Louvre museum's ex-president charged in art trafficking case

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Jean-Luc Martinez pictured outside the Louvre museum's glass pyramid in Paris, France (6 July 2020)Image source, Getty Images
Image caption,
Jean-Luc Martinez was president of the Louvre from 2013 until last year

The former head of the Louvre museum in Paris has been charged in connection with a wide-ranging inquiry into the trafficking of ancient objects from the Middle East, judicial sources say.

French investigators allege Jean-Luc Martinez facilitated the transfer of the objects to the Louvre Abu Dhabi.

They reportedly include a granite stele inscribed with the seal of the ancient Egyptian pharaoh, Tutankhamun.

Mr Martinez denies the charges and insists that he acted in good faith.

There was no immediate comment from the Paris Louvre, while the Louvre Abu Dhabi said it was unable to comment on the specifics of the case because of the French investigation.

It added: "Louvre Abu Dhabi applies a strict international protocol for artworks entering the collection, as outlined in the intergovernmental agreement between Abu Dhabi and France, signed in 2007.

"This protocol is strictly aligned with the 1970 Unesco Convention [against the illicit trafficking of cultural artefacts] and follows the most stringent standards of major museums in the world."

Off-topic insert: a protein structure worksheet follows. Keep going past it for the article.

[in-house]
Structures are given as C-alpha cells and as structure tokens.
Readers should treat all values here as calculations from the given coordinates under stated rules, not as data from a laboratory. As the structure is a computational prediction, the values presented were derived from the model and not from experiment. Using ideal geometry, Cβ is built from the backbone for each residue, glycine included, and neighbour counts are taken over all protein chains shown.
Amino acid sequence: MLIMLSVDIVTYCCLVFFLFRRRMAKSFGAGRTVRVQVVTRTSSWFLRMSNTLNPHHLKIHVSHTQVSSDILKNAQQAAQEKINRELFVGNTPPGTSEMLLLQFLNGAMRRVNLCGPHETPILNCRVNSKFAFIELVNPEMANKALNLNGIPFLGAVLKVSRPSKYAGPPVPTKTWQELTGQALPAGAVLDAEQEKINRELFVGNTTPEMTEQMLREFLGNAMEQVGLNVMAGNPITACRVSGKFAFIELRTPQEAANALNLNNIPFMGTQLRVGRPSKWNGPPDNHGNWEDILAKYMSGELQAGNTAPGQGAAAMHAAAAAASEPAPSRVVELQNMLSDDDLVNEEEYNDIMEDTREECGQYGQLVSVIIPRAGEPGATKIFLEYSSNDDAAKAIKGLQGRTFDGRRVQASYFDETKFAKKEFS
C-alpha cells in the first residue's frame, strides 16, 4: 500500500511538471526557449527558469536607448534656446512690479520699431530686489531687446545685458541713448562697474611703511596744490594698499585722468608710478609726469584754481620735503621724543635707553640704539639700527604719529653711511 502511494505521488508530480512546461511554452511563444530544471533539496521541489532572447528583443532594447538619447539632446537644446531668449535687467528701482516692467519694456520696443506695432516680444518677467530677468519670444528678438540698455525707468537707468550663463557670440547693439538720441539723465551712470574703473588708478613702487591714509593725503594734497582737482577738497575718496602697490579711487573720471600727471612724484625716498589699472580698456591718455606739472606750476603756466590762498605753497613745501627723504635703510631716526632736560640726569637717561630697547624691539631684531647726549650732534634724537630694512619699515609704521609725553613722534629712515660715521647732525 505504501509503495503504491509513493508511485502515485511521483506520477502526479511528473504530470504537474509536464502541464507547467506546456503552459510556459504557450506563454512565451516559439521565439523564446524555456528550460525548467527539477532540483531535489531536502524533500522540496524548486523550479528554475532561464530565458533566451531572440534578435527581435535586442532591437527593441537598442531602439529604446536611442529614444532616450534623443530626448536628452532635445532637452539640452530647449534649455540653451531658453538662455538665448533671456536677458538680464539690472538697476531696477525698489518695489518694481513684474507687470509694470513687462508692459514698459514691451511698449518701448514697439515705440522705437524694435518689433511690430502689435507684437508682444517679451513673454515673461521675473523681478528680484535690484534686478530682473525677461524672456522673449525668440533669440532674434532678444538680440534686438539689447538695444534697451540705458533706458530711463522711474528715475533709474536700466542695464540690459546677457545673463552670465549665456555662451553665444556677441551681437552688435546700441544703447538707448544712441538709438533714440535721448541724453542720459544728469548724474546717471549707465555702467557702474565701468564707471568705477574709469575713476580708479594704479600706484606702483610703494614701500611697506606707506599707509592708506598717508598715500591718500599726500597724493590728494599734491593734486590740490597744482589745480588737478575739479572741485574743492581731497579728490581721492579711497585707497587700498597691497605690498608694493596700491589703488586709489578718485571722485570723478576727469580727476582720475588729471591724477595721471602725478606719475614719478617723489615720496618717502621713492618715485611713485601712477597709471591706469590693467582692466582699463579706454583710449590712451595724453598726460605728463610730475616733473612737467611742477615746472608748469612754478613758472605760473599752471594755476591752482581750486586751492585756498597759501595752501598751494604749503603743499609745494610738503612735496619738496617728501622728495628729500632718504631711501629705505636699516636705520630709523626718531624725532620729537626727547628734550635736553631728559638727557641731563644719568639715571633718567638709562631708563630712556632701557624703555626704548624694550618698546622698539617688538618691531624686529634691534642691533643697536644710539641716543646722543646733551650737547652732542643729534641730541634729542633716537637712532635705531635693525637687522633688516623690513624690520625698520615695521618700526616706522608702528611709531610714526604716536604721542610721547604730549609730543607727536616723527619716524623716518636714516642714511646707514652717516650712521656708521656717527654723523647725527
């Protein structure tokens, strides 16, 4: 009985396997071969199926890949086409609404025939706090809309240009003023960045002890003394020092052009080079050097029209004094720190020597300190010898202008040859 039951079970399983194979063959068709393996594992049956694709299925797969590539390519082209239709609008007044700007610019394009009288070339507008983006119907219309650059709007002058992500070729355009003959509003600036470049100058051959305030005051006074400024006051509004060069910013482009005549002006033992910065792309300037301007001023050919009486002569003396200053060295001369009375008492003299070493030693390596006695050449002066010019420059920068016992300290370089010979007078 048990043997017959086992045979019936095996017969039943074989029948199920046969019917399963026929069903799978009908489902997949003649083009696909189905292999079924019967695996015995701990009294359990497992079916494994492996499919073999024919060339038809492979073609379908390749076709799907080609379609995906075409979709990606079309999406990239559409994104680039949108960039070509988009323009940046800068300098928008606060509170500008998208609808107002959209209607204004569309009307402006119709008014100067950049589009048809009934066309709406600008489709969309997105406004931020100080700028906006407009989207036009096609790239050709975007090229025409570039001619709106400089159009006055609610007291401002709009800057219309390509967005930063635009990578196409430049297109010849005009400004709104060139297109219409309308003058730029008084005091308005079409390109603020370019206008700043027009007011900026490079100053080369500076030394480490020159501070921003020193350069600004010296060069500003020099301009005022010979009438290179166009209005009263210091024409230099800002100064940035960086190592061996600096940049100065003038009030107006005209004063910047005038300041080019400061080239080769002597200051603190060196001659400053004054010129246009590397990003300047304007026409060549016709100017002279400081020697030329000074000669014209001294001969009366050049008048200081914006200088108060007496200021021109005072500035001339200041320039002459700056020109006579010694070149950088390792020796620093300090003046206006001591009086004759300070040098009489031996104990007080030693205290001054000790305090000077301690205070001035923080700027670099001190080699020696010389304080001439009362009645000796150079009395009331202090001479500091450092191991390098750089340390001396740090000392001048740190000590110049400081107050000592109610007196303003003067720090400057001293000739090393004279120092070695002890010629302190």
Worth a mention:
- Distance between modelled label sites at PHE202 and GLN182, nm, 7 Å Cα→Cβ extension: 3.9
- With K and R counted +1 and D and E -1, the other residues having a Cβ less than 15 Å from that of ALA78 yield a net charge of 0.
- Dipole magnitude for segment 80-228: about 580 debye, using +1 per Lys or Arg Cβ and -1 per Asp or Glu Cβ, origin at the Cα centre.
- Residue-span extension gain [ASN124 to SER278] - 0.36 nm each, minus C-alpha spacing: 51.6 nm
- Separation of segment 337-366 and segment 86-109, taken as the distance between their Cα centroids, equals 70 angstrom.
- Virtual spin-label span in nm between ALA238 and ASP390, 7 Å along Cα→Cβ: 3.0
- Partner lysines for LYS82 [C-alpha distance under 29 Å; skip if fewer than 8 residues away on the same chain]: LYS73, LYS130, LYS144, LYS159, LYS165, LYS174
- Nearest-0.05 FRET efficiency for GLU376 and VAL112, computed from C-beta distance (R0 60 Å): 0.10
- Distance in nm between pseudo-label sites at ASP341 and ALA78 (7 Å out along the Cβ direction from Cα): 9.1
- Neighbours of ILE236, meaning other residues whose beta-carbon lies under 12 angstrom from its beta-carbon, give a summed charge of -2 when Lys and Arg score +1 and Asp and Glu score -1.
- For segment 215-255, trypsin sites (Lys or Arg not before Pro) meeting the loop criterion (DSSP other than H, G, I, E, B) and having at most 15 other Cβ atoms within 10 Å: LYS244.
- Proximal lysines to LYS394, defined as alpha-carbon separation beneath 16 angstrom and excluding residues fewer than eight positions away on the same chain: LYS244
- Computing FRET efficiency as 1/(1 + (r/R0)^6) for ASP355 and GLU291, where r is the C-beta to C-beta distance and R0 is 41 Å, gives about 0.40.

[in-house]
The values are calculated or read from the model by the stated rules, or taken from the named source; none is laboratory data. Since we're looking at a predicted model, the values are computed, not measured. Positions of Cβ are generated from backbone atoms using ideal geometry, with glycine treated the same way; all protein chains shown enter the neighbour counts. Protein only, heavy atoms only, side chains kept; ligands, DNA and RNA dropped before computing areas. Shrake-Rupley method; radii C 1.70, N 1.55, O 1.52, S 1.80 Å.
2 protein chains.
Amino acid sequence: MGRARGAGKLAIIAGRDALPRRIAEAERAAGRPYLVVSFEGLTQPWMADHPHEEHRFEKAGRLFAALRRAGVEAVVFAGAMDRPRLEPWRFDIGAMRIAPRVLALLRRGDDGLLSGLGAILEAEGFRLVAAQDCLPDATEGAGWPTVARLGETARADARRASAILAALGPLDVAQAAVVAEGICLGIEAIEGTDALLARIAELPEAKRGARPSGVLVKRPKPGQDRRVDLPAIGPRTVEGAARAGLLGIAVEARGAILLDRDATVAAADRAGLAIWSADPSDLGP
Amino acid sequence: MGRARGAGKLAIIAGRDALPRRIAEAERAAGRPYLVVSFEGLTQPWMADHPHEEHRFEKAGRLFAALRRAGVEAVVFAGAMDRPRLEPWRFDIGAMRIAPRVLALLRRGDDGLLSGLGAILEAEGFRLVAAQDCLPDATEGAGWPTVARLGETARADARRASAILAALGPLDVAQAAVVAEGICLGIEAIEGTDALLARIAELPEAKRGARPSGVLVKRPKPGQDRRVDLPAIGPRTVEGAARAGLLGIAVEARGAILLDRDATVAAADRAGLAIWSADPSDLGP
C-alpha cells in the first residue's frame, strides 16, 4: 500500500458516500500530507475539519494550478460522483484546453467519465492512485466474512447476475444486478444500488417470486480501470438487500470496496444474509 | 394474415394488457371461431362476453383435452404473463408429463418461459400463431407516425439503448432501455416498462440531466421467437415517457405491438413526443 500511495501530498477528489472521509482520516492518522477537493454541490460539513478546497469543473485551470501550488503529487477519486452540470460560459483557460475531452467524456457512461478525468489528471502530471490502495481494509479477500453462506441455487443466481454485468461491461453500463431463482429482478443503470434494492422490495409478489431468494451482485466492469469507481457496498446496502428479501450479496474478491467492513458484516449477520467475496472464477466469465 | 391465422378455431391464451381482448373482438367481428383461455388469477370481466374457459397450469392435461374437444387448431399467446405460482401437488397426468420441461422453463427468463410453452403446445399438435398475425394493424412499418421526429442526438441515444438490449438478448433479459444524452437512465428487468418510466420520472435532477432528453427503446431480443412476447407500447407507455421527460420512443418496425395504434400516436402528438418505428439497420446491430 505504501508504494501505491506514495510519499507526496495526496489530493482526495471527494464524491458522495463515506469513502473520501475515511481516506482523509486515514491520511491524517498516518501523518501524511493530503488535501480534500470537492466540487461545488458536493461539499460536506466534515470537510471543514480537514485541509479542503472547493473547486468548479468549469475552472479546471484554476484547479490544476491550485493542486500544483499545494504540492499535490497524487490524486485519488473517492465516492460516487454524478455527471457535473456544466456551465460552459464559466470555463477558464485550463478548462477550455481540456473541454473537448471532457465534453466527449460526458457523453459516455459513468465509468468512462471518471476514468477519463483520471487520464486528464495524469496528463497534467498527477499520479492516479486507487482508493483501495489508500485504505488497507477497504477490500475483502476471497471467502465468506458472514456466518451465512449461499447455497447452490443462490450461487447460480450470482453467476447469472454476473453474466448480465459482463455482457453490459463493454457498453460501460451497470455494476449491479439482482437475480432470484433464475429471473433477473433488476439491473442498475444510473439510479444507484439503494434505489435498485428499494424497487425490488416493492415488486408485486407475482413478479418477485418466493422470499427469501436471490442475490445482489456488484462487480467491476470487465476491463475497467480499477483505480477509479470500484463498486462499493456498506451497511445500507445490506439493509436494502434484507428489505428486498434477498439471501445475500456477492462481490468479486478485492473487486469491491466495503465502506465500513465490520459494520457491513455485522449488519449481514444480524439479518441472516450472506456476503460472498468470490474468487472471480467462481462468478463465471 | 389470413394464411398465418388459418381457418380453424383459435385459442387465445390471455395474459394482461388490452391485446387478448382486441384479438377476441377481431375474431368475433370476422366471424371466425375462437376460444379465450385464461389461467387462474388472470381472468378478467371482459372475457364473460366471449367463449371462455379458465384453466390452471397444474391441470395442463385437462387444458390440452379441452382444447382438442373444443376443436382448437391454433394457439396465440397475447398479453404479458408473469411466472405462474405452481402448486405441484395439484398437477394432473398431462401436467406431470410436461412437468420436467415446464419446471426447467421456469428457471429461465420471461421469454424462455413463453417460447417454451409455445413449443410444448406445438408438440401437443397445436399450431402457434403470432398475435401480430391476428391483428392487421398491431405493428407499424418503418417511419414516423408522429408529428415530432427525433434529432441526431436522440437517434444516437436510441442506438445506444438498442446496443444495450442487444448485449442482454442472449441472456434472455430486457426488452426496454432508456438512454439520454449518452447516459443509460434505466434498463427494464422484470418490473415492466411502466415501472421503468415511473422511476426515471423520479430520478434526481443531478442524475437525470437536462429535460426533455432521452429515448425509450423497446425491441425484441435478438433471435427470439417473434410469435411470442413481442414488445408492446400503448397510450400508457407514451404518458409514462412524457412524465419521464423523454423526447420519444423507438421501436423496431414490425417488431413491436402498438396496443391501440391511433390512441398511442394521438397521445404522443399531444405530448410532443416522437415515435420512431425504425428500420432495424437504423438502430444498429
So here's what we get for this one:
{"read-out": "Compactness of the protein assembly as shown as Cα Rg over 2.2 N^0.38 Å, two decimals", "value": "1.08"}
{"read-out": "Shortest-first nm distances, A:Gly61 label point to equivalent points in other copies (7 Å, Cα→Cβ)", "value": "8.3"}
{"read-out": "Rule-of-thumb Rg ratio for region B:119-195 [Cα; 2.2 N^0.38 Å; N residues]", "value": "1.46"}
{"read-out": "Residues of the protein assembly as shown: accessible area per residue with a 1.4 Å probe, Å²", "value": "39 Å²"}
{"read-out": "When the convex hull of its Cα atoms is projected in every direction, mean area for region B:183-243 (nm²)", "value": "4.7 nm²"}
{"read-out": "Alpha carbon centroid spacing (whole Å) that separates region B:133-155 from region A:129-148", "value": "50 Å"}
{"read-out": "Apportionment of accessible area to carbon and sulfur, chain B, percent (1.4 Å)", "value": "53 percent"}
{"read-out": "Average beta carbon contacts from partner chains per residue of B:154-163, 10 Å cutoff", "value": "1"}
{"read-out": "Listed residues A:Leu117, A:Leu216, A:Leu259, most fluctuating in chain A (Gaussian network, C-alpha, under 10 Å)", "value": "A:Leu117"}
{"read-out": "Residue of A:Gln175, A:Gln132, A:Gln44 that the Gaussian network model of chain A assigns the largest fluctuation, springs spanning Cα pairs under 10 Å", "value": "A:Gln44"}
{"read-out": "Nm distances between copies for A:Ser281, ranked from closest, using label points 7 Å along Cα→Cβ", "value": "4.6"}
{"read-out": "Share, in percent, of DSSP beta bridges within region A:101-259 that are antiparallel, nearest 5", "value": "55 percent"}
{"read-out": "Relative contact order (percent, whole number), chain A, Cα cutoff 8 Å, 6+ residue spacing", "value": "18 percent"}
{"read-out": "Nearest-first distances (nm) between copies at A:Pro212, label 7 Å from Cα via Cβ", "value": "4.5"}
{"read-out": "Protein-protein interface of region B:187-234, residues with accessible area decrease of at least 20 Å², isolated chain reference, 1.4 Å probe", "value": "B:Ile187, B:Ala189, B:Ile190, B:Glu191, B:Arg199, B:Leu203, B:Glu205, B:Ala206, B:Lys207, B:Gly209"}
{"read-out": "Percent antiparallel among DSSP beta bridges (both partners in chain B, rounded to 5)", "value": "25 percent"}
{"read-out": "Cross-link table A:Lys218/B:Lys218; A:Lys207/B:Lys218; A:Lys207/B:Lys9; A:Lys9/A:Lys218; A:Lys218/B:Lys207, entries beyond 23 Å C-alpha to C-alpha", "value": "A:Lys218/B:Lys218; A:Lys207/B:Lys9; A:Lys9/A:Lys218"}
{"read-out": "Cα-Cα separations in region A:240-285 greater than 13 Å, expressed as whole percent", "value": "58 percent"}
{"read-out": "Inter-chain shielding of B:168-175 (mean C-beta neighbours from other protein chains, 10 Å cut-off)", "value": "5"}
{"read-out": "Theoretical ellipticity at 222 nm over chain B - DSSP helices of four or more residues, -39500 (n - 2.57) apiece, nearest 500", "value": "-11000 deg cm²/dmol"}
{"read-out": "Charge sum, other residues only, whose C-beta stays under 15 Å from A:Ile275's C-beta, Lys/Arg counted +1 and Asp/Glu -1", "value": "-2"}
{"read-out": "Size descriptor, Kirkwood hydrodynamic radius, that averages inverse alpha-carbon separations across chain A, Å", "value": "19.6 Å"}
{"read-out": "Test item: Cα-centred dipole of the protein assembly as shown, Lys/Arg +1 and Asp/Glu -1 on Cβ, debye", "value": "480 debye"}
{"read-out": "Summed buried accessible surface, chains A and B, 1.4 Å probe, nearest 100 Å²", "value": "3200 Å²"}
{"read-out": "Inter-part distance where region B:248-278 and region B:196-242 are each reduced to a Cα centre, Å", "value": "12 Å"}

Mr Martinez was president of the Louvre from 2013 until he stepped down last summer. Since then, he has been France's ambassador for international co-operation on heritage - a role that involves him helping to combat art trafficking.

On Thursday, a French judicial source told the BBC that he had been charged with "complicity in fraud" and "concealing the origin of criminally obtained works by false endorsement".

The weekly newspaper, Le Canard enchainé, which broke the story, said investigators were trying to establish whether Mr Martinez "closed his eyes" to fake provenance certificates for a handful of Egyptian antiquities, bought by the Louvre in Abu Dhabi in 2016, for millions of euros.

Among the items, the paper said, was the Tutankhamun stele.

The Louvre Abu Dhabi lists as part of its collection a rose-coloured granite stele from about 1327BC, on which the boy pharaoh is shown giving offerings to the god Osiris and also receiving offerings from a high-ranking official.

A prominent French Egyptologist who queried the provenance of the stele in 2018, Marc Gabolde, told Le Canard enchainé that his questions to the Louvre had remained unanswered.

Lawyers for Mr Martinez said he disputed his questioning in the case "with the greatest firmness", and that he had "no doubt that his good faith will be established".

France's AFP news agency reports that he was taken in for questioning along with two French specialists in Egyptian art, who were not charged.

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